Sunday, January 25, 2015

Expressing Gratitude

My husband, Tom, has known me since before I was pregnant.  We met in our late teens, working together at a small roadside cafĂ©.  He was a short order cook and I a waitress.  We hit it off immediately.  

Our friendship is one of the brightest spots of my youth, with specific moments of happiness I cherish to this day.  We could talk on the phone for hours at a time and, I admit, there were many nights I hardly slept during those years.  What we talked about is not important, it’s how I felt: appreciated, respected, and valued; smart and worthy of love.  We went to campus theater productions and concerts together and we played guitar with his dad in the basement of his split level.  We were the best of friends, with that sprinkle of chemistry that still gives me butterflies to this day.  This all continued until his girlfriend said “Enough!” and with good reason.

When we talk about it now, we are so grateful we were parted from each other.  If we had tried to make a go of being a couple we would have likely self-destructed.  Instead, he went off to college.

A couple years later he came home for the holidays and happened to run into me at the mall.   I was eight months pregnant, alone and lonely.   I remember he came over to my house, and sat with me.  Actually sat with me and held me on the couch, cradling me in his arms while I leaned into him, his hands on my belly.  Many years later, when meeting my son for the first time, he asked me if Tom was his father.  I told him no, but that he was the only person to truly share, even if for a brief time, in my life during that time.  And he was the only person to truly feel you in my tummy.

Today, I can’t imagine my life without him, and I need to say thank you. 

Thank you to the man who always encouraged me to pursue a relationship with my son, who shared my hopes and dreams for our future, who grieves for my loss, and recognizes it as his own.  Thank you to my best friend, who has shared this journey with me, from that day on the couch to celebrating his 7th birthday in Taxco, Mexico to standing next to me at his graveside.  Thank you for holding my hand, wiping my tears, and guiding me through this process with gentle strength and kindness.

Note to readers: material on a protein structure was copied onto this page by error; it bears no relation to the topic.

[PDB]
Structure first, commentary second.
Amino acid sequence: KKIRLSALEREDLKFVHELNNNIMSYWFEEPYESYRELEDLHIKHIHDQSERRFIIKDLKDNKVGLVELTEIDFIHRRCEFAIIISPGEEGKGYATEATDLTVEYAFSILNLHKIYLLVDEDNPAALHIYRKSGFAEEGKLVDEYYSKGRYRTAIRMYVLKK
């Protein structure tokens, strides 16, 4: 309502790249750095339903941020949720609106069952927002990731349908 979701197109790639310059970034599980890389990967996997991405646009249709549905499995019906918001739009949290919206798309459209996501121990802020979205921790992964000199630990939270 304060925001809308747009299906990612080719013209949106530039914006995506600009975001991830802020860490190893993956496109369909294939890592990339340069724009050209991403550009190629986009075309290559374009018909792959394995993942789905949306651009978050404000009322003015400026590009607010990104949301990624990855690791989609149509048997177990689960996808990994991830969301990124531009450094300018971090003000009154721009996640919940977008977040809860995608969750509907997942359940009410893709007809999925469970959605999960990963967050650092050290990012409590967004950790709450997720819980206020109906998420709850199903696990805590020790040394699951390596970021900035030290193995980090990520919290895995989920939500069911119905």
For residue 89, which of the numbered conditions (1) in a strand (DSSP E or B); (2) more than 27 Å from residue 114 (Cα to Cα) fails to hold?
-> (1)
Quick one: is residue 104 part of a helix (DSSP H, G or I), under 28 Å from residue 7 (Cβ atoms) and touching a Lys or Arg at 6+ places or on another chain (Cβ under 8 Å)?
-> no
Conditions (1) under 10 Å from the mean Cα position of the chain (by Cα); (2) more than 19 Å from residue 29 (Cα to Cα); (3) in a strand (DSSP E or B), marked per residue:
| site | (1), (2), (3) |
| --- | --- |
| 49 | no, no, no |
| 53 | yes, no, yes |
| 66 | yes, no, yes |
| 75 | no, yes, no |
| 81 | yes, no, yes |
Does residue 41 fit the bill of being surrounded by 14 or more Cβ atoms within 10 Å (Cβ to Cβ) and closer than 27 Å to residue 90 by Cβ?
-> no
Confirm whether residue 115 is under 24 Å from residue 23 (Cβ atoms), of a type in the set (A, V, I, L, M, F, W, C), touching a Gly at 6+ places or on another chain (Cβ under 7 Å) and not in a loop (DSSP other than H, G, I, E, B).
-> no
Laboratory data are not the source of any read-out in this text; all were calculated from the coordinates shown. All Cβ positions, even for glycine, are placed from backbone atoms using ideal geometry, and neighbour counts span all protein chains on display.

Sunday, January 18, 2015

Me & My Crazy

I continue to find that the grief I am experiencing since he died is so similar to the grief of placing him for adoption.

I have spent a lot of time the past 25 years wondering what might have been and grieving for what would never be, and although that hasn’t changed, it’s different. Now when I wonder what it might have been like to parent, instead of shutting myself down because it’s too painful I’ve given myself permission to really consider it, and I’ve learned a painful new truth: I could have done it. Really, I could have, and we likely would have been okay. In the end, no matter what life would have thrown at us, I would have loved him and he would have loved me. And never, ever, not once, while he lived could I admit this to myself. I never could say that love was enough because there was no way I could have gone on if I had. And, consequently, this brings with it its own set of ramifications. I’ve only just begun to delve into this new phase. I don’t really like it.

There literally are moments when I think he’s still here, that it’s just the same old pain, the same crazy I’ve always felt, and then I remember it’s more than that. More.

So, there is an upside to all of this.  Hard to imagine, but true. His adoption made me realize how resilient I am. How time and time again I can come back from the edge. That edge where I can’t breathe. Where the hole in my chest feels like it will envelop me and I will disappear. Where crazy seems acceptable and even desirable. I have an intimate knowledge of what it’s like to be at the edge/on the edge and sometimes I actually enjoy being there, but I know how to turn away from it too; I know how to come back.

I think about his father, his real father, the man he grew up with. I think about him a lot.  And my heart just aches for him. I wonder how he is going to get through this. Because I believe I have an advantage. I believe that having lost him once in some ways makes it easier the second time. And I am actually grateful at times, and how crazy is that?